LONDON (Reuters) - Britain plans to test a randomly chosen group of 100,000 people for COVID-19 as part of its efforts to understand infection rates better before loosening restrictions on the public, its health ministry said on Thursday.
The tests to see if people are currently infected with the respiratory disease, led by London’s Imperial College and polling company Ipsos MORI, follow a separate testing programme announced last week by the University of Oxford and the Office for National Statistics.
Britain’s government is due to review next week whether to relax a nationwide lockdown brought in on March 23 to slow the spread of the coronavirus, which has so far killed more than 26,000 people in Britain.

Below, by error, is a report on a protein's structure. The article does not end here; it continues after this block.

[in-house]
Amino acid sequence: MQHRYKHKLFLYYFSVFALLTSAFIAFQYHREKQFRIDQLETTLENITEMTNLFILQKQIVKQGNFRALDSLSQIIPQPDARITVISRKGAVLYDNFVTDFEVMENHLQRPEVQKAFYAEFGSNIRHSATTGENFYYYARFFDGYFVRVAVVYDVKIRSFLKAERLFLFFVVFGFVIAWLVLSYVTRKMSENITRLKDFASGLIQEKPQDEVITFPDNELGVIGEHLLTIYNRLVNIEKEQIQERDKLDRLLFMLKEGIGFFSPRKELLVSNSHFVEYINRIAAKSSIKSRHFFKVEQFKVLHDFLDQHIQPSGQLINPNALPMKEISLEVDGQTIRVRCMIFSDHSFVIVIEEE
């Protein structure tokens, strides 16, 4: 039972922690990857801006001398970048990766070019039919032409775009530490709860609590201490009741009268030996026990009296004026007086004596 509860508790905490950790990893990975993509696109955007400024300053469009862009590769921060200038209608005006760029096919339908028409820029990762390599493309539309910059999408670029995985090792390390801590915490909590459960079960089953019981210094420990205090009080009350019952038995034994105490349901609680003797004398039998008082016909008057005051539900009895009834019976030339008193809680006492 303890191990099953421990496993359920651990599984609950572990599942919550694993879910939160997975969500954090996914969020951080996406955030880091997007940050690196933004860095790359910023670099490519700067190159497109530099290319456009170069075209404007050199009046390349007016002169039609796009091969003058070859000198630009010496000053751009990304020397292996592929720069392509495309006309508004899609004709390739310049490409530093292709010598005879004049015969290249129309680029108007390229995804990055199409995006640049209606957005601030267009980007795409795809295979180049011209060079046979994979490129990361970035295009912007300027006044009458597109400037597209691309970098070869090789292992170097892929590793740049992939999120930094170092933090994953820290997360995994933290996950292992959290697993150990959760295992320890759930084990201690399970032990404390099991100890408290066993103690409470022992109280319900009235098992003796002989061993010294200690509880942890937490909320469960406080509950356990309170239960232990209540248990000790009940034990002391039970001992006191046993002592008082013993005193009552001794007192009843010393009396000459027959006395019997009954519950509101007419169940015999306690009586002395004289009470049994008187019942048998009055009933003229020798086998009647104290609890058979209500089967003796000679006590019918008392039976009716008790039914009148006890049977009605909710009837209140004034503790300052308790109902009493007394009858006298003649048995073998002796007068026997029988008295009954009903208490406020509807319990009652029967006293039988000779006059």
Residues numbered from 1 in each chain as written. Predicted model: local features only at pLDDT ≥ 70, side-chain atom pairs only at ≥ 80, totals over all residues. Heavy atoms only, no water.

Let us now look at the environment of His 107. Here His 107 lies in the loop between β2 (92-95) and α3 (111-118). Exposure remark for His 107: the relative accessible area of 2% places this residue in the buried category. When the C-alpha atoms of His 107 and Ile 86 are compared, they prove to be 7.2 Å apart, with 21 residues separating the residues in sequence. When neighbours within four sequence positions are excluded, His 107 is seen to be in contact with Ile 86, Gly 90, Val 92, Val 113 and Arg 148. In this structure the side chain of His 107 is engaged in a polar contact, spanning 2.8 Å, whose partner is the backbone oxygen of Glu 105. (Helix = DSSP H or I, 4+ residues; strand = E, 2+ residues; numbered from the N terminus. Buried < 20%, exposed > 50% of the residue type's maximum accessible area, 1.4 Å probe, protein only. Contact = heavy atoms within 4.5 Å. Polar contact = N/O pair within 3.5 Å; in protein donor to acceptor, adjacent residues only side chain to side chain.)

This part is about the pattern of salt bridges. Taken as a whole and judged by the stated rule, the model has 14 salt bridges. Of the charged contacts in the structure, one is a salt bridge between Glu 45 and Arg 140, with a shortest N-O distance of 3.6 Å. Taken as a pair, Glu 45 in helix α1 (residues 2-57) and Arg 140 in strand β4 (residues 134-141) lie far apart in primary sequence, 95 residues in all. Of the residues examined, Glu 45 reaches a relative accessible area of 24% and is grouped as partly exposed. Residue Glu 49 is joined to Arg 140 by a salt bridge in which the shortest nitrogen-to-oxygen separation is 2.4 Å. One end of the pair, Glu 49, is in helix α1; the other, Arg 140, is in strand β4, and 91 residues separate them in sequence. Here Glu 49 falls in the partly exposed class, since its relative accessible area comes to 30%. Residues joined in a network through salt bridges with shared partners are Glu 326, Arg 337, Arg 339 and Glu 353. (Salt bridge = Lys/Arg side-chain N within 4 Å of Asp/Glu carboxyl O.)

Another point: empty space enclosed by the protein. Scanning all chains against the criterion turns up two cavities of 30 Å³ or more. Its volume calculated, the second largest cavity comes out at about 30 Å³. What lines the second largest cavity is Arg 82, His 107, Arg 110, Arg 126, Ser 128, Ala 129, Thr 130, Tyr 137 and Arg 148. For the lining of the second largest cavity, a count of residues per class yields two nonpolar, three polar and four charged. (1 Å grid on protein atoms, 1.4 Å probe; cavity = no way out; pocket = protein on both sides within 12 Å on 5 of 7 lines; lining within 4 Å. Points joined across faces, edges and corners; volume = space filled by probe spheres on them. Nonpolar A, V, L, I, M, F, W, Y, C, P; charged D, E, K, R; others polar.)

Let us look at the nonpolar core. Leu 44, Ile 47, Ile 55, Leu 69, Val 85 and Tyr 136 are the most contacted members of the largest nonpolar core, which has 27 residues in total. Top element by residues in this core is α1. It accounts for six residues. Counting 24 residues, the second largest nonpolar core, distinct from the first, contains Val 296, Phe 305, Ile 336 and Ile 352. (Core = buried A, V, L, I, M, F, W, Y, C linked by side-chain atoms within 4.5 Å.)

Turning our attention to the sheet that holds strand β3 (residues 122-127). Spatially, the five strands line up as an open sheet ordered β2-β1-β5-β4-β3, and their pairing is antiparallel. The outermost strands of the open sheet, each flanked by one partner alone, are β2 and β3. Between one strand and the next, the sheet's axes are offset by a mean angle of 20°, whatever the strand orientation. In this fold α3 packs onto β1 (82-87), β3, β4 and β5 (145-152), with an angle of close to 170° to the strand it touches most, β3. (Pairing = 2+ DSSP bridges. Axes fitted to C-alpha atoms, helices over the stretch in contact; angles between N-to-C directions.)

Improving capacity to track infection rates in different parts of Britain is seen by the health ministry as essential to ease restrictions safely.
Britain has suffered from limited testing capacity and Health Minister Matt Hancock promised to increase the number of tests to 100,000 a day by the end of April. On Tuesday, just over 52,000 tests were carried out.
The Imperial College programme will shortly contact 100,000 people across England at random and send them self-testing kits to see if they are infected.
A later part of the study will test the public’s ability to self-administer antibody tests that show whether someone has had COVID-19 but is no longer infected, which may confer some immunity against the disease caused by the novel coronavirus.
So far, British officials have not found an antibody test that works reliably enough to roll out on a large scale.
Reporting by David Milliken; Editing by Peter Cooney